The War on Drugs is lost
What do an Academy Award-winning American actor and an Australian beauty school dropout have in common?
The paths of Philip Seymour Hoffman and Schapelle Leigh Corby never crossed. But both lives have been ruined by drugs.
In the case of Hoffman, the tortured actor overdosed on heroin and died alone on his bathroom floor.
Corby has just been released from a nine-year stint in Bali's infamous Kerobokan Prison, having been convicted of smuggling 4.2kg of cannabis in a surfboard bag.
You might argue the comparison is facile; either because Corby doesn't deserve mention in the same breath as Hoffman, or because the American actor was a junkie, whereas Corby is either innocent or very stupid, depending on your point of view.
Yet it's arguable Hoffman's life may not have ended the way it did if what he was doing had not been highly illegal in the United States.
And regardless of the veracity of Corby's protestations that she did not deliberately smuggle drugs into Bali, the fact remains that Indonesia's extreme penalties for drug possession have taken some of the best years of a young Australian's life.
There are many others Corby has left behind in that jail, including the so-called Bali Nine; young Australians, two of whom are awaiting death by firing squad, who planned to smuggle 8kg of heroin into Indonesia.
It's not just our trans-Tasman cousins who take such risks with their lives and freedom. Kiwi mother and son heroin addicts Lorraine and Aaron Cohen spent a decade in a Malaysian jail after being convicted of trafficking in 1987.
Lorraine Cohen was at one point sentenced to hang, but her defence lawyer managed to get her death sentence commuted by convincing the court that she was an addict, not a drug-runner, and the large quantity of heroin found on her person was in fact all for her and her son.
If any further proof was needed of her addiction, both Lorraine and Aaron were arrested on drugs charges in New Zealand five years after returning home in 1996, and sentenced to another four years in prison.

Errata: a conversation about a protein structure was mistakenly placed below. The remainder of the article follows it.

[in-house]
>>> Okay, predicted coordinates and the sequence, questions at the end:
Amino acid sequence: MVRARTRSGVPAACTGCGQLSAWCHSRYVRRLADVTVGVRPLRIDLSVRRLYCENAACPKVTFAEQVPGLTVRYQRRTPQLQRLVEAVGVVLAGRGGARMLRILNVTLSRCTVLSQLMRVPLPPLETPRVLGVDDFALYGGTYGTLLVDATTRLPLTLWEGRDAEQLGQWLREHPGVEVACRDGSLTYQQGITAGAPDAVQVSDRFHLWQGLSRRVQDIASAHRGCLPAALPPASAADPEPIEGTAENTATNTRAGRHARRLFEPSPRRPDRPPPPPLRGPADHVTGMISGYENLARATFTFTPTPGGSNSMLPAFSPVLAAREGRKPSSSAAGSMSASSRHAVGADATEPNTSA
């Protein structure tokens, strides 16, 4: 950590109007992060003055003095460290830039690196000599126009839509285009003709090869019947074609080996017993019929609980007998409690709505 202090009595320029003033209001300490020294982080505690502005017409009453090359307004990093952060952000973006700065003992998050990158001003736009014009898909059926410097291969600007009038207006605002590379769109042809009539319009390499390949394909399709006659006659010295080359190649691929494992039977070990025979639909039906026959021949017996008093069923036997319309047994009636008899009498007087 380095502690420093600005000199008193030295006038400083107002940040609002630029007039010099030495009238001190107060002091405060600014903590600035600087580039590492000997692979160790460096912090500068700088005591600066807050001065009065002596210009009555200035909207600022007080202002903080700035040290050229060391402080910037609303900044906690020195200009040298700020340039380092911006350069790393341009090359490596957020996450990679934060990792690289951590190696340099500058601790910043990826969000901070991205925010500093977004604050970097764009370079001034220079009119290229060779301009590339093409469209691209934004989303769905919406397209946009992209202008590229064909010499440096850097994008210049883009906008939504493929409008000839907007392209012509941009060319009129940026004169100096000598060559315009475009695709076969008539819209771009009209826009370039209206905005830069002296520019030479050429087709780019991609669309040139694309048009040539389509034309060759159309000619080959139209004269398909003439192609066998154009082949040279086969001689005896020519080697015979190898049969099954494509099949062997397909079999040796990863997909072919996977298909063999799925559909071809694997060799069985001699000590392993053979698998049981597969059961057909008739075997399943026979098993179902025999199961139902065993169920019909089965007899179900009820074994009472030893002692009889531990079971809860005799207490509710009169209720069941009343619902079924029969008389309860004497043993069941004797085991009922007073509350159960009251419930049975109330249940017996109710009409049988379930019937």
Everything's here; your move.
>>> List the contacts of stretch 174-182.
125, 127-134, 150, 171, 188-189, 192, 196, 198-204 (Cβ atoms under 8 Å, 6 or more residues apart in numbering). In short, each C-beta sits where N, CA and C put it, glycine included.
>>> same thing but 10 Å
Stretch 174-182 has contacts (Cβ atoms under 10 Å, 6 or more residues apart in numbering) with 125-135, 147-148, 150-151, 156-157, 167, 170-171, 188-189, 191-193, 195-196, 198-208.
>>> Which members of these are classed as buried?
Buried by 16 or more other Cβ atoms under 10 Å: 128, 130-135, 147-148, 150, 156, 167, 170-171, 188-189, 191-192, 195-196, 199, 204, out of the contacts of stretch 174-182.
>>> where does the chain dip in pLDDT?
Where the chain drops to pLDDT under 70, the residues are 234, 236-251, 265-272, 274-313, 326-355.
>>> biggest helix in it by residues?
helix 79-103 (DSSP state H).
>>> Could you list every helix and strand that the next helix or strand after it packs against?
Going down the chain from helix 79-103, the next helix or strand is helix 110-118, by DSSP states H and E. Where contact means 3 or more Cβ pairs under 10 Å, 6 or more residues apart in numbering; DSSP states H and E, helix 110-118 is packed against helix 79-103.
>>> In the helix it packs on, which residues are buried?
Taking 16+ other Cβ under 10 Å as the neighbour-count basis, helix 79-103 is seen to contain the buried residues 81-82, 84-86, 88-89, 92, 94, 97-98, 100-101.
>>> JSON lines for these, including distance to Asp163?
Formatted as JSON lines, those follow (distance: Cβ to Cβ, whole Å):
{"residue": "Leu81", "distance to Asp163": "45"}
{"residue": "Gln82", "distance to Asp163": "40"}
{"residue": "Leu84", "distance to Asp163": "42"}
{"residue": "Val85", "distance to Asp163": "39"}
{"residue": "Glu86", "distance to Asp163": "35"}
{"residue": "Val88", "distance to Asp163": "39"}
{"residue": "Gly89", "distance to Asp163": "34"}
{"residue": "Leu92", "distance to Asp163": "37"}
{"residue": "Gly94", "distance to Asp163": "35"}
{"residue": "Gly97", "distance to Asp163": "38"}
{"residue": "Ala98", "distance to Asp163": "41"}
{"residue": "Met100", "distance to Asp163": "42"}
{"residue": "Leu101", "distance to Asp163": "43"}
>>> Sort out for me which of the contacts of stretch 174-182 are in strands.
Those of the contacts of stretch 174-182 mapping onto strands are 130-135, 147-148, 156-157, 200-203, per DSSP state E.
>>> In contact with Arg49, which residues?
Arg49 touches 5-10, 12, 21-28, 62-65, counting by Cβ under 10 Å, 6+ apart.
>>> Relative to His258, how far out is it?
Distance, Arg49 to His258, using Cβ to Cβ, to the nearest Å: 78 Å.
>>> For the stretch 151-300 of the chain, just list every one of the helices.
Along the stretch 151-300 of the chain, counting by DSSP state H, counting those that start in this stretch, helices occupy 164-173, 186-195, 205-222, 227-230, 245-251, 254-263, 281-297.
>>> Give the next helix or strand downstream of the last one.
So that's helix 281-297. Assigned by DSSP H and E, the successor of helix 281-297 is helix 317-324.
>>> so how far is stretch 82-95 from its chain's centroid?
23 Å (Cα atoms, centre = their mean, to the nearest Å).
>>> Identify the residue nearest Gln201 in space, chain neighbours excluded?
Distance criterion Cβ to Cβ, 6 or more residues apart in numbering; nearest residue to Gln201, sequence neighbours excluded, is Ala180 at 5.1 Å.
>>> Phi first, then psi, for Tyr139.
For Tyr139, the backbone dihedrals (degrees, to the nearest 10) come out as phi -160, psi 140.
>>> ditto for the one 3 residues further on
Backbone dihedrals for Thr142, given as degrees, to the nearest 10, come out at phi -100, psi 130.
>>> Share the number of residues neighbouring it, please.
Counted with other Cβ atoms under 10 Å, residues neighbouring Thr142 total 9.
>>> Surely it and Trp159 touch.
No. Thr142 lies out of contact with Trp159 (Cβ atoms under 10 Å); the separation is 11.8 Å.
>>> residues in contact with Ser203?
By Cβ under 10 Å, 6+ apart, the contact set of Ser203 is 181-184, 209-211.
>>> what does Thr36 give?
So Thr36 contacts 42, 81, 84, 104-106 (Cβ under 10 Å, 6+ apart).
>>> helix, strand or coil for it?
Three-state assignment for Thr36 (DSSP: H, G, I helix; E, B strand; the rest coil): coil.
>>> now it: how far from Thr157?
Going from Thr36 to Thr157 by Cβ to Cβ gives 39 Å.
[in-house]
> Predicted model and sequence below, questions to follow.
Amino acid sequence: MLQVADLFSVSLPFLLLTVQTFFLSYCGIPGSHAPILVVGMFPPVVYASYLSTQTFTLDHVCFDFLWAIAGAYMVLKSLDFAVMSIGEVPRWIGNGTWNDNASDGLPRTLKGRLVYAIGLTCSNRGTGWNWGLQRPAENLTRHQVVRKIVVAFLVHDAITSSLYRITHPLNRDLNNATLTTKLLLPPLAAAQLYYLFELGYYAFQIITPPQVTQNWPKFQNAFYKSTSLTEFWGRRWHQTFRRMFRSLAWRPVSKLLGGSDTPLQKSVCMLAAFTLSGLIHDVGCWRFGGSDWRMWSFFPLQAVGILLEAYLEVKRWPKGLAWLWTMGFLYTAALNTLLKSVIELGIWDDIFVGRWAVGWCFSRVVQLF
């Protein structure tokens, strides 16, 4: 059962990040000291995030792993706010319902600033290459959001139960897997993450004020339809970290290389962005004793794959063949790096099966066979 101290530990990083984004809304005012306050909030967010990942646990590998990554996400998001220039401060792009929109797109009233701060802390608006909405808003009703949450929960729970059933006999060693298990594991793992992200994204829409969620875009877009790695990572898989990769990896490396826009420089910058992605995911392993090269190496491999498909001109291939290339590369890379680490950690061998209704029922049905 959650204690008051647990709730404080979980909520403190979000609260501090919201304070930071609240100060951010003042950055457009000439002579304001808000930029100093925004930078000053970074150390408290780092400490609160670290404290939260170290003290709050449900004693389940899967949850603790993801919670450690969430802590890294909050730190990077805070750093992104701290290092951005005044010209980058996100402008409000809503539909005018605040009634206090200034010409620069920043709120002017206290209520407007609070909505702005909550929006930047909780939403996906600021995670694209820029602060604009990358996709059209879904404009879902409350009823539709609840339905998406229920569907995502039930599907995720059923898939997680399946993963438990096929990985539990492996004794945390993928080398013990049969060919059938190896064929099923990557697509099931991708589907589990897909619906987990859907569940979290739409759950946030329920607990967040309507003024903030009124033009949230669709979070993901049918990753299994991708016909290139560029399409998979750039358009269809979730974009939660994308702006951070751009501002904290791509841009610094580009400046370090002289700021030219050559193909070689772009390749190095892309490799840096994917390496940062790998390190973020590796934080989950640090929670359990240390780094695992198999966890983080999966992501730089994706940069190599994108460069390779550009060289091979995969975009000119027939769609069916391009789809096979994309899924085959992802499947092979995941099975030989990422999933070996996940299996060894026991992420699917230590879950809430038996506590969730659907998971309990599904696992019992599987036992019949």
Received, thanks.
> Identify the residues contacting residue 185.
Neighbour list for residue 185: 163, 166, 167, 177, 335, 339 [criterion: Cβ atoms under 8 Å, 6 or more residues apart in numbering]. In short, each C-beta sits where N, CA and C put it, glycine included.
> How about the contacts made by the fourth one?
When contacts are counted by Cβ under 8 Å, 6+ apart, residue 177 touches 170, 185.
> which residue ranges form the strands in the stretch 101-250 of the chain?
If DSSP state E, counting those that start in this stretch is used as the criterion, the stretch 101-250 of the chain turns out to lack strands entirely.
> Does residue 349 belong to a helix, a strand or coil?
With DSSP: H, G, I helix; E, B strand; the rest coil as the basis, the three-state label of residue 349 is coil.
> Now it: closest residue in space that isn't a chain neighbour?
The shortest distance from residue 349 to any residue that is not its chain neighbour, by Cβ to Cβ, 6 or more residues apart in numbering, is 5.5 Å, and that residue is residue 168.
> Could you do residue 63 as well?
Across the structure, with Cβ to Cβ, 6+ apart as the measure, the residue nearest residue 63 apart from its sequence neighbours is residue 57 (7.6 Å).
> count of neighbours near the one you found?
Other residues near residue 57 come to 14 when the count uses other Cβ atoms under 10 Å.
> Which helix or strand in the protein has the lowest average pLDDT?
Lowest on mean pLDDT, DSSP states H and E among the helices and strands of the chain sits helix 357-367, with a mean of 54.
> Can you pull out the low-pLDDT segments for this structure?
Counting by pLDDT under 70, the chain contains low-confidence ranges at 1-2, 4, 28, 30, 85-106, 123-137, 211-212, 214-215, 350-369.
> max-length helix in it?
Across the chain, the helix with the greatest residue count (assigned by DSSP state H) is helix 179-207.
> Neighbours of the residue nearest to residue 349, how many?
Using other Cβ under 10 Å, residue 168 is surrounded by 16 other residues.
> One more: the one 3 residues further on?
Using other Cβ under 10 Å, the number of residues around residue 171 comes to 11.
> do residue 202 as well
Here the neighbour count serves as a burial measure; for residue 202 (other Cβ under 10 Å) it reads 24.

The experience of the Cohens, Corby, the Bali Nine, Hoffman, and untold others who never make the news is pretty compelling evidence that most drug enforcement laws around the world are simply not working.
Indeed some of the toughest regimes - in Asia and the United States in particular - have some of the worst drug problems. Yet, as Russell Brand argued on these pages last week following the death of Hoffman, we persist in criminalising drug users and addicts at a ferocious cost, both economically and physically.
In the early 1970s American president Richard Nixon launched the "War on Drugs", kick-starting a worldwide crackdown on both users and suppliers. Thirty years later the Global Commission on Drug Policy labelled this move an unmitigated disaster that had created "devastating consequences for individuals and societies around the world".
The commission called for urgent reforms to global drug control policies, pointing out that the US alone arrested 800,000 people a year for cannabis offences and spent US$41 billion enforcing its drug ban - six times as much as was spent on treatment for addiction.
In Australia, a group of eminent scientists, lawmakers and health professionals last year released a discussion paper suggesting the legalisation, regulation and taxation of all drugs. Here at home, a summit of 100 stakeholder groups recently called for more emphasis on treatment and less on the criminalisation of drug users.
TV3 devoted an episode of its audience-driven panel show The Vote to the topic, and in a poll afterwards 72 per cent of respondents agreed "soft drugs" such as cannabis should be decriminalised. Just 28 per cent disagreed.
Both the Law Commission and the New Zealand Drug Foundation have argued the lock-em-up approach to drug enforcement is a failure and that we should refocus our efforts from criminal justice to prevention and treatment.
The response from political leaders on both sides of the Tasman has been deafening silence. Our Government says it has no plans to reconsider its drug laws - despite even the US allowing several states to introduce medicinal marijuana laws.
Decriminalisation is such a political hot potato that neither National nor Labour wants to touch it with a ten-foot pole, terrified of being painted as "soft on drugs".
But in the meantime we persist in an alternate reality where organic cannabis is illegal but synthetic variants, arguably more harmful, are not. And where police trumpet the latest "P" bust, while the houses in which the lethal cocktail was brewed become a new minor asset class on Trade Me.
So far, one of the few Western nations brave enough to try decriminalising all drugs is Portugal, which dropped possession offences some 12 years ago but still prosecutes suppliers. The results have been encouraging. Drug use has not climbed, although it hasn't gone down either. Many more addicts have sought treatment.
It doesn't seem likely that any society will ever manage to stop drug abuse, no matter how severe the penalties. The desire to alter one's reality via some sort of stimulant is as old as humanity itself. That certainly doesn't mean drugs are good for you. Quite the reverse. But like so many things in life, prohibition just doesn't work.
There has to be a better way, and it's about time our politicians and policymakers became brave enough to begin looking for it.
Sunday Star Times